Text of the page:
Business lessons from bankrupt global giants
Startups are increasingly disrupting established businesses, thanks to ever-evolving technological innovations. Some companies that were once the market leaders are now a mere shadow of themselves and behind their failures lie key lessons.
Some, however, have known of ways to stay in the market through innovation. Take the example of Amazon, whose core business is online shopping. It has since diversified and today produces television shows and offers web services.
The success behind the Amazon brand is the ideation, incubation, and scaling. Every business idea proposed by their employee is carefully considered and if it is seen as potential, the next phase is incubation, where it is tried out on clients and if it is seen as successful, it is brought to life. ladder.
Few companies take such experiences or make a bet to try an idea and that’s how innovation dies or a business closes its doors for good. Here are five examples of failed businesses whose stories would be read differently today.
Nokia and Blackberry
Both were market leaders in their time. Many nostalgia for the iconic Nokia cellphones, known for their long battery life, but lacking features like current smartphone brands in the market.
Nokia would still be a leader in the cell phone market if it had focused on software development with the advent of the Internet instead of focusing on hardware. Focusing on voice, the company started its gradual decline and its attempt to come back with a smartphone was not successful due to the phone’s operating system which had a bad user experience.
Blackberry phones remember their keyboards that had to be entered manually, but they failed to innovate by launching products with touch screens and it nibbled away their market share.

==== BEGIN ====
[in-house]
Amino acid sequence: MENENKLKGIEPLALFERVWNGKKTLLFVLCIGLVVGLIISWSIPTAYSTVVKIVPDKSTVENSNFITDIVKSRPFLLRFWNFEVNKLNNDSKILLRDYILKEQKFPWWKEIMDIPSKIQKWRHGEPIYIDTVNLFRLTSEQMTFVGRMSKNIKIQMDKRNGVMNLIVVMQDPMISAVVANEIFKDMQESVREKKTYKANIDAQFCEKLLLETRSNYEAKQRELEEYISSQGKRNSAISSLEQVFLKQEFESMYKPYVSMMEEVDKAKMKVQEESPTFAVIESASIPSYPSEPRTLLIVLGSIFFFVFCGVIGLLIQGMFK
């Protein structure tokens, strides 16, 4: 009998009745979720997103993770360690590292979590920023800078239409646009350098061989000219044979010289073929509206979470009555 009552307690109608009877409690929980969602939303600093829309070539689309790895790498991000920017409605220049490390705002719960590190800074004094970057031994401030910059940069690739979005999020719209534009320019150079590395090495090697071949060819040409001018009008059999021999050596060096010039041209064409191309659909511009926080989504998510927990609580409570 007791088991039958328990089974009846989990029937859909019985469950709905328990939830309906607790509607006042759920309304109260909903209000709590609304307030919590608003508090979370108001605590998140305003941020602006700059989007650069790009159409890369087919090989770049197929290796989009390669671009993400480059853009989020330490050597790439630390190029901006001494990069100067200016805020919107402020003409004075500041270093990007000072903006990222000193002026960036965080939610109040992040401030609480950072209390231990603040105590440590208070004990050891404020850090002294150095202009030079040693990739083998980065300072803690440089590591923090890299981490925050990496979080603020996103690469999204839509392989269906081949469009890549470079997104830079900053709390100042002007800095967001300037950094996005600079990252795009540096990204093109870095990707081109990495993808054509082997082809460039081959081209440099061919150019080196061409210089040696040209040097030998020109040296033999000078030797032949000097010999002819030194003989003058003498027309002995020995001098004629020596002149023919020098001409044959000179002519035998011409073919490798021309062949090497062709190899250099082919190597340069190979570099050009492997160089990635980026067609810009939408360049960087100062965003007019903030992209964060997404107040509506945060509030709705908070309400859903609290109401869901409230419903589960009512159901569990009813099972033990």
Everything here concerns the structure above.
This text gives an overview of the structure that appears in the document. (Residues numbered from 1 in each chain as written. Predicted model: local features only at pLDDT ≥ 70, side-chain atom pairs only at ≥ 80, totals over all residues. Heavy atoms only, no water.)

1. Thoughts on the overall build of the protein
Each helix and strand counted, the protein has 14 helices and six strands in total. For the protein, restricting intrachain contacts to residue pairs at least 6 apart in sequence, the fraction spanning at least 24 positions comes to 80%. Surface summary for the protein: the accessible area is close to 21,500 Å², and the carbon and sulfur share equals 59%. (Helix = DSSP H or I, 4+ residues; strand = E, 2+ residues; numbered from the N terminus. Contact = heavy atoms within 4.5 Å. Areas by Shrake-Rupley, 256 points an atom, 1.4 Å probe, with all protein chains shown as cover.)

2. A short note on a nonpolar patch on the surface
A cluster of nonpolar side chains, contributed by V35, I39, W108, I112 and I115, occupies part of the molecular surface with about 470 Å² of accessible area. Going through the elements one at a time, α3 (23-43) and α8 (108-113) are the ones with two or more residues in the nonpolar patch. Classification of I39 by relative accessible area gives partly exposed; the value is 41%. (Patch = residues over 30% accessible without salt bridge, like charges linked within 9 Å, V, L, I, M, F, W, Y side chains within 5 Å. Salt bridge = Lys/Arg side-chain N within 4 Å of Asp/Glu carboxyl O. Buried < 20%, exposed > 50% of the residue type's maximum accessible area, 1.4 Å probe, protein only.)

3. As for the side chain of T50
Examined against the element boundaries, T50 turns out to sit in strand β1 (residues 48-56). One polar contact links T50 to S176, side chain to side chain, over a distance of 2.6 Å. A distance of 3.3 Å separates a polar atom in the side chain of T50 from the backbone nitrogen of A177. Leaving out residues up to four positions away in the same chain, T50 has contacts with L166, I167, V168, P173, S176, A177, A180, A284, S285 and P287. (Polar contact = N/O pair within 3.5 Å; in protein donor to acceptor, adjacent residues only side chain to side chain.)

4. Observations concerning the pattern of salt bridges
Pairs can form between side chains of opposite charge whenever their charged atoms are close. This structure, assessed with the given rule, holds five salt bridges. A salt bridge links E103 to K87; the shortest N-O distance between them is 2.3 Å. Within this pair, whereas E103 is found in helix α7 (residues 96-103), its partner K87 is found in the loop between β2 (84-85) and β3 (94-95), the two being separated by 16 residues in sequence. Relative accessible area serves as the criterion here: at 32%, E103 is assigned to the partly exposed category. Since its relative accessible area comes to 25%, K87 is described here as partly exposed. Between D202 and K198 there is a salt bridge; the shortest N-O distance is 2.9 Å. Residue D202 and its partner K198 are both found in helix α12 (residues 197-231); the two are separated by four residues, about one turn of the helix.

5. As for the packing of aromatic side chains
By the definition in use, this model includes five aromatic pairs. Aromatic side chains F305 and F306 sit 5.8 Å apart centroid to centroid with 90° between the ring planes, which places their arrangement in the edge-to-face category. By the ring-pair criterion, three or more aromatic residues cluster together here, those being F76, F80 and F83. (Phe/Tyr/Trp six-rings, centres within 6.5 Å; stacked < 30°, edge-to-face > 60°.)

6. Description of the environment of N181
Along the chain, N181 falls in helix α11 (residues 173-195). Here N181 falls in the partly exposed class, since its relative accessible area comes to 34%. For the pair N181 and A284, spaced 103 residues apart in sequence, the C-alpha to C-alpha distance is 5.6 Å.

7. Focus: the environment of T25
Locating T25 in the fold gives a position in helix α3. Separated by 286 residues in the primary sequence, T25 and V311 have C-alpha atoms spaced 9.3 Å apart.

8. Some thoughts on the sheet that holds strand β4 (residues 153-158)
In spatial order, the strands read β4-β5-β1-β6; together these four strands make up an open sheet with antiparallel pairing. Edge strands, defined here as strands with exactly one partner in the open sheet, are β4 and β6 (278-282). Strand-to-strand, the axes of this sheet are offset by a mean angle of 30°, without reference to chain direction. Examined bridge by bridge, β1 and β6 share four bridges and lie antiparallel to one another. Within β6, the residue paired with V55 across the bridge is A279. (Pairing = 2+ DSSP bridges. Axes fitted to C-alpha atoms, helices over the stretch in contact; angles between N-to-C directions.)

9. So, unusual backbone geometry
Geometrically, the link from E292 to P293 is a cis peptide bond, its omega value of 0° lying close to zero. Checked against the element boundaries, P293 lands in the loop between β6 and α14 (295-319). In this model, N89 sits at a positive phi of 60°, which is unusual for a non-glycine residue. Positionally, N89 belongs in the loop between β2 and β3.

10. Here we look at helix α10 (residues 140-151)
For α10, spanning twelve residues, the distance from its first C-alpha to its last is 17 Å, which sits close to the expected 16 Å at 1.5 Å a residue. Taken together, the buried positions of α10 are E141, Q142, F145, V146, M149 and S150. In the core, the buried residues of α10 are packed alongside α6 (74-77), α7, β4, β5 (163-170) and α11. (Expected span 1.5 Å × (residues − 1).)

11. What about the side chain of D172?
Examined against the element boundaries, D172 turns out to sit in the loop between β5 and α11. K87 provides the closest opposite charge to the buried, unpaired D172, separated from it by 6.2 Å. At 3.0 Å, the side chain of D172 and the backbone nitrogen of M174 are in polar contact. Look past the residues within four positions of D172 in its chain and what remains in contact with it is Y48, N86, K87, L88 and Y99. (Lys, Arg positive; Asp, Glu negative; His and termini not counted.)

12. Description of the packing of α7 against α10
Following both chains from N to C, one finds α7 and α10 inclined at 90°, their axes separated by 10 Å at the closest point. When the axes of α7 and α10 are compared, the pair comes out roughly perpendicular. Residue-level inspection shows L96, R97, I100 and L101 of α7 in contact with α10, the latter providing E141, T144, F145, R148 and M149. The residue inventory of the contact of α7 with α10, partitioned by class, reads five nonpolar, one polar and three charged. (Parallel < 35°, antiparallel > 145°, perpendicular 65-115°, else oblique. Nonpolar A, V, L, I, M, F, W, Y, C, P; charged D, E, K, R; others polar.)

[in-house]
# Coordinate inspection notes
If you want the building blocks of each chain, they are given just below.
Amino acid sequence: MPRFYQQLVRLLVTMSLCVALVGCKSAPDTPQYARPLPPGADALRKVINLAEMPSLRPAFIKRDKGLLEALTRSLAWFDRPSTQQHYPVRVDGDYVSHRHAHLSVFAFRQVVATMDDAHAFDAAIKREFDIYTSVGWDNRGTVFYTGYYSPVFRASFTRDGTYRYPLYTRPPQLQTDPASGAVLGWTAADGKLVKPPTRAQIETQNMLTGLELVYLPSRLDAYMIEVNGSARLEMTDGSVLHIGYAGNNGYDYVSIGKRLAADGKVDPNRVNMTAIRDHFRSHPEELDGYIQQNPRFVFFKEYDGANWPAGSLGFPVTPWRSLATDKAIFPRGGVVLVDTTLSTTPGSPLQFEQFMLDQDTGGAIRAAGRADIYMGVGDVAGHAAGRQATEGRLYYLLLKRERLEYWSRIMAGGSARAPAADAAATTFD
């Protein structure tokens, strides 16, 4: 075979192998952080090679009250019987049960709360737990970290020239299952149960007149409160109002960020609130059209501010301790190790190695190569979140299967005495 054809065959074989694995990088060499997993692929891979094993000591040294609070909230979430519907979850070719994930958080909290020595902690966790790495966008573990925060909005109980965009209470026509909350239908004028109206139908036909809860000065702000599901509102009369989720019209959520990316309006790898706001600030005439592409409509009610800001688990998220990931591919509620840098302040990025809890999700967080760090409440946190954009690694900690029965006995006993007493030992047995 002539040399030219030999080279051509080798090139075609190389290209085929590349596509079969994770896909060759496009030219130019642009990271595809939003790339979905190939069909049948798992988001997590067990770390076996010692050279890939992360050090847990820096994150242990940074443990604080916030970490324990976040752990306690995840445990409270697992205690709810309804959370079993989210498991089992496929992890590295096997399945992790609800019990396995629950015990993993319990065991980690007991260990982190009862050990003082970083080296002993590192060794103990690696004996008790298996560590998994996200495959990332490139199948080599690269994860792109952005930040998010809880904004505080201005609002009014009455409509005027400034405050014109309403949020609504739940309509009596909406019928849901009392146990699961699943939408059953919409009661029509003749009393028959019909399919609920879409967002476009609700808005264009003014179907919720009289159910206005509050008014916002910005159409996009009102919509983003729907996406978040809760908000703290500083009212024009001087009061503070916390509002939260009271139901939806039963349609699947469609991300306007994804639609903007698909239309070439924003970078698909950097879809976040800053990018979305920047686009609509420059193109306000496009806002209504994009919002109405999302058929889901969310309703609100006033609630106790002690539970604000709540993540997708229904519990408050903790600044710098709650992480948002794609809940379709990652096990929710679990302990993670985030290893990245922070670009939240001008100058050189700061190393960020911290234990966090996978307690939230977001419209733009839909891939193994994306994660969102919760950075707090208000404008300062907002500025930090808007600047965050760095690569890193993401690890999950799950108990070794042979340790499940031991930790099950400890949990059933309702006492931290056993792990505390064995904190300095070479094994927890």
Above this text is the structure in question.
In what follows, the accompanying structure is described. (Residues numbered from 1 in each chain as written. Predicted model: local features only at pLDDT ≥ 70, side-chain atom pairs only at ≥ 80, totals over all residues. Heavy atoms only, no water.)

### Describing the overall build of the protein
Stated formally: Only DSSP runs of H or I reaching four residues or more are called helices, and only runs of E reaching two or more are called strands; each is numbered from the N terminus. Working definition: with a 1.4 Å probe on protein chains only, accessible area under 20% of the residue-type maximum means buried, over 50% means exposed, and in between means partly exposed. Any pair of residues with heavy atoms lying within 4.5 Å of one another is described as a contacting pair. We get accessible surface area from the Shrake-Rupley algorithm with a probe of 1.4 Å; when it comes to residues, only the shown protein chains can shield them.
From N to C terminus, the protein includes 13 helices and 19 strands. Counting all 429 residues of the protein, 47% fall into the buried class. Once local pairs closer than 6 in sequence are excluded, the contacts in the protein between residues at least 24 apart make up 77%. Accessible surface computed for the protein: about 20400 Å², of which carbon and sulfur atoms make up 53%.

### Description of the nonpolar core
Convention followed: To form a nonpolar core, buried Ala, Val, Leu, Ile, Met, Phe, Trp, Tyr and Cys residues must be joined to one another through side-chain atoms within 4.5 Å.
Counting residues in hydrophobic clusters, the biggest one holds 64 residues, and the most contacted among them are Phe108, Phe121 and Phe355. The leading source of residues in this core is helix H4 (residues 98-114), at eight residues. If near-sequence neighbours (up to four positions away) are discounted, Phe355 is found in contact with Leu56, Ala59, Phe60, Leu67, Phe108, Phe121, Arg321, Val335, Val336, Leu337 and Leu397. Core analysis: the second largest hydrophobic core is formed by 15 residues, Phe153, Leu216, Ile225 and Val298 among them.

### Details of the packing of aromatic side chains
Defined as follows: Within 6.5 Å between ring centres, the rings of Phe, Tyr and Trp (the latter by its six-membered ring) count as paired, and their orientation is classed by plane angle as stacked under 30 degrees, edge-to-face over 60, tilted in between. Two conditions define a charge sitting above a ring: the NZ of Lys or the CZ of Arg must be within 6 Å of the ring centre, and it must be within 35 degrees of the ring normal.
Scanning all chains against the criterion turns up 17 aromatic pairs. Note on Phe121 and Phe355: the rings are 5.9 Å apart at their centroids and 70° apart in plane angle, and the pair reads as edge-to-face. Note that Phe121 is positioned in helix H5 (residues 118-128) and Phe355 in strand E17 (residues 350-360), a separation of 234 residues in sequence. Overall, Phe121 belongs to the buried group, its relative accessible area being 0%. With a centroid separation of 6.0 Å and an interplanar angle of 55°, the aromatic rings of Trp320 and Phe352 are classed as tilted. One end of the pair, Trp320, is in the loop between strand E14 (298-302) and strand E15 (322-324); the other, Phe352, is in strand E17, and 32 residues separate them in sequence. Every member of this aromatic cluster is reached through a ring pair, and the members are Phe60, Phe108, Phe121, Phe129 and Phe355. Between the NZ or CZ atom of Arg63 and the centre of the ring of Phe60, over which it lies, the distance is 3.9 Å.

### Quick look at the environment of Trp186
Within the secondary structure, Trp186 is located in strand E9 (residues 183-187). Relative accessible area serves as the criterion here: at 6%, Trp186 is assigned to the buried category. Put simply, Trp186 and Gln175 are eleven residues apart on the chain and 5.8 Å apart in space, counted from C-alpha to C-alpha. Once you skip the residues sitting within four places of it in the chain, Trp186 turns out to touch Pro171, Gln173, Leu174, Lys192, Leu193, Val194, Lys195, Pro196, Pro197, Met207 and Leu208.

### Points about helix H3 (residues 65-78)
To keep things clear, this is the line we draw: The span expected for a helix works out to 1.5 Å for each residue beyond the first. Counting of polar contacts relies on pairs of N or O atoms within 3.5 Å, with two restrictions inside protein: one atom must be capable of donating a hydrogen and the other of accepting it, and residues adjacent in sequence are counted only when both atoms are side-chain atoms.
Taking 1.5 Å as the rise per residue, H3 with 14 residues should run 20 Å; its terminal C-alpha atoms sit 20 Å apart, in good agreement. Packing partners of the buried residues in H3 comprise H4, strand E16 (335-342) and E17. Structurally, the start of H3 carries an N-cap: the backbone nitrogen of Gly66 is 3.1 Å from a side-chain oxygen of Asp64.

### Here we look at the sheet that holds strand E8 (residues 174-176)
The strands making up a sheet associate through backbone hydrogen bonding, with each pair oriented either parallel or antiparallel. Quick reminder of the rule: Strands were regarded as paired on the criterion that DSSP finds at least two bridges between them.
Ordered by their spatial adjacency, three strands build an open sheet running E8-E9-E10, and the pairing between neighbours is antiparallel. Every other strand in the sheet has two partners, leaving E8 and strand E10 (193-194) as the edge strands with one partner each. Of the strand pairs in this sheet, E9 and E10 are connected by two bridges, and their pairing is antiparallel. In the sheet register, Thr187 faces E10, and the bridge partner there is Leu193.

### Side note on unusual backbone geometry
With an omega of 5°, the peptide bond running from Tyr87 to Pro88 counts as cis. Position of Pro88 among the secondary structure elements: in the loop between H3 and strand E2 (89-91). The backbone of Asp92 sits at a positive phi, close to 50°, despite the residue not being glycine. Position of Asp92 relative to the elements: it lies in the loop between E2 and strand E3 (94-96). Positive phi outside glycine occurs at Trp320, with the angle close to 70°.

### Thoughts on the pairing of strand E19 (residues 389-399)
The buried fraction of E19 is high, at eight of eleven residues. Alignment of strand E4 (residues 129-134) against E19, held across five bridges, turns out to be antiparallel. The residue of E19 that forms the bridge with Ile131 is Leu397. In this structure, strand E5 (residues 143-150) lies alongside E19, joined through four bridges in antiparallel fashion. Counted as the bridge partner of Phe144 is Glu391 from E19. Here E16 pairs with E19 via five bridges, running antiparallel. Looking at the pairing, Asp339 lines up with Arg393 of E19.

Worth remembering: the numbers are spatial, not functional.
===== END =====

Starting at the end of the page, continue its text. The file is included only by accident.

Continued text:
They say the customer is always right. Blockbuster should have listened to its customers. As the leader in entertainment content, Blockbuster, which had successfully switched from VHS to DVD, liked customers to stream in their physical stores and didn’t entertain the idea of shipping customer orders. Netflix capitalized on this and ate up the traditional Blockbuster market share.
If Blockbuster had partnered with its competitor, it would be in business today. The problem is, Blockbuster took lightly that Netflix only served niche customers, not mainstream customers. Then Netflix took it a step further and started streaming services, spelling out the last nail in Blockbuster’s coffin.
How about making a product where you don’t define how or it should be used? I am thinking of the Segway scooter. The idea behind this fuel-efficient innovation was to revolutionize transportation, but the innovator did not specify where it should be used. Was it on pedestrian walkways or on roads in motorized traffic? This was the question the authorities had to resolve. What seemed like a good idea to facilitate personal movement died because no one was willing to buy a product they didn’t know where it should be used.
The Kodak company may not have foreseen the future of photography, especially digital cameras or smartphones with high-resolution cameras that have redefined photography. Steven Sasson, an employee of Kodak, had proposed the idea of digital photography to the company in 1975, but it was rejected because the company feared it would affect its film market. If the company had embraced the idea, it would today be a market leader in digital photography. Unfortunately, she filed for bankruptcy in 2012.
Yahoo was one of the most popular websites, especially with their online advertising at the start of the dot.com era. This site would still be popular today if it hadn’t invested in becoming a giant media company and instead focused on competing as a search engine. Google came along and ruined the party. Although Yahoo invested in the cloud storage known as Yahoo Briefcase, they failed to take advantage of it, with Google relying on its Dropbox and Google Drive products. Yahoo had the opportunity to buy Google in 2002, but failed. The unfortunate part of the business was letting Mark Zuckerberg get away with the Facebook product that has revolutionized communication today.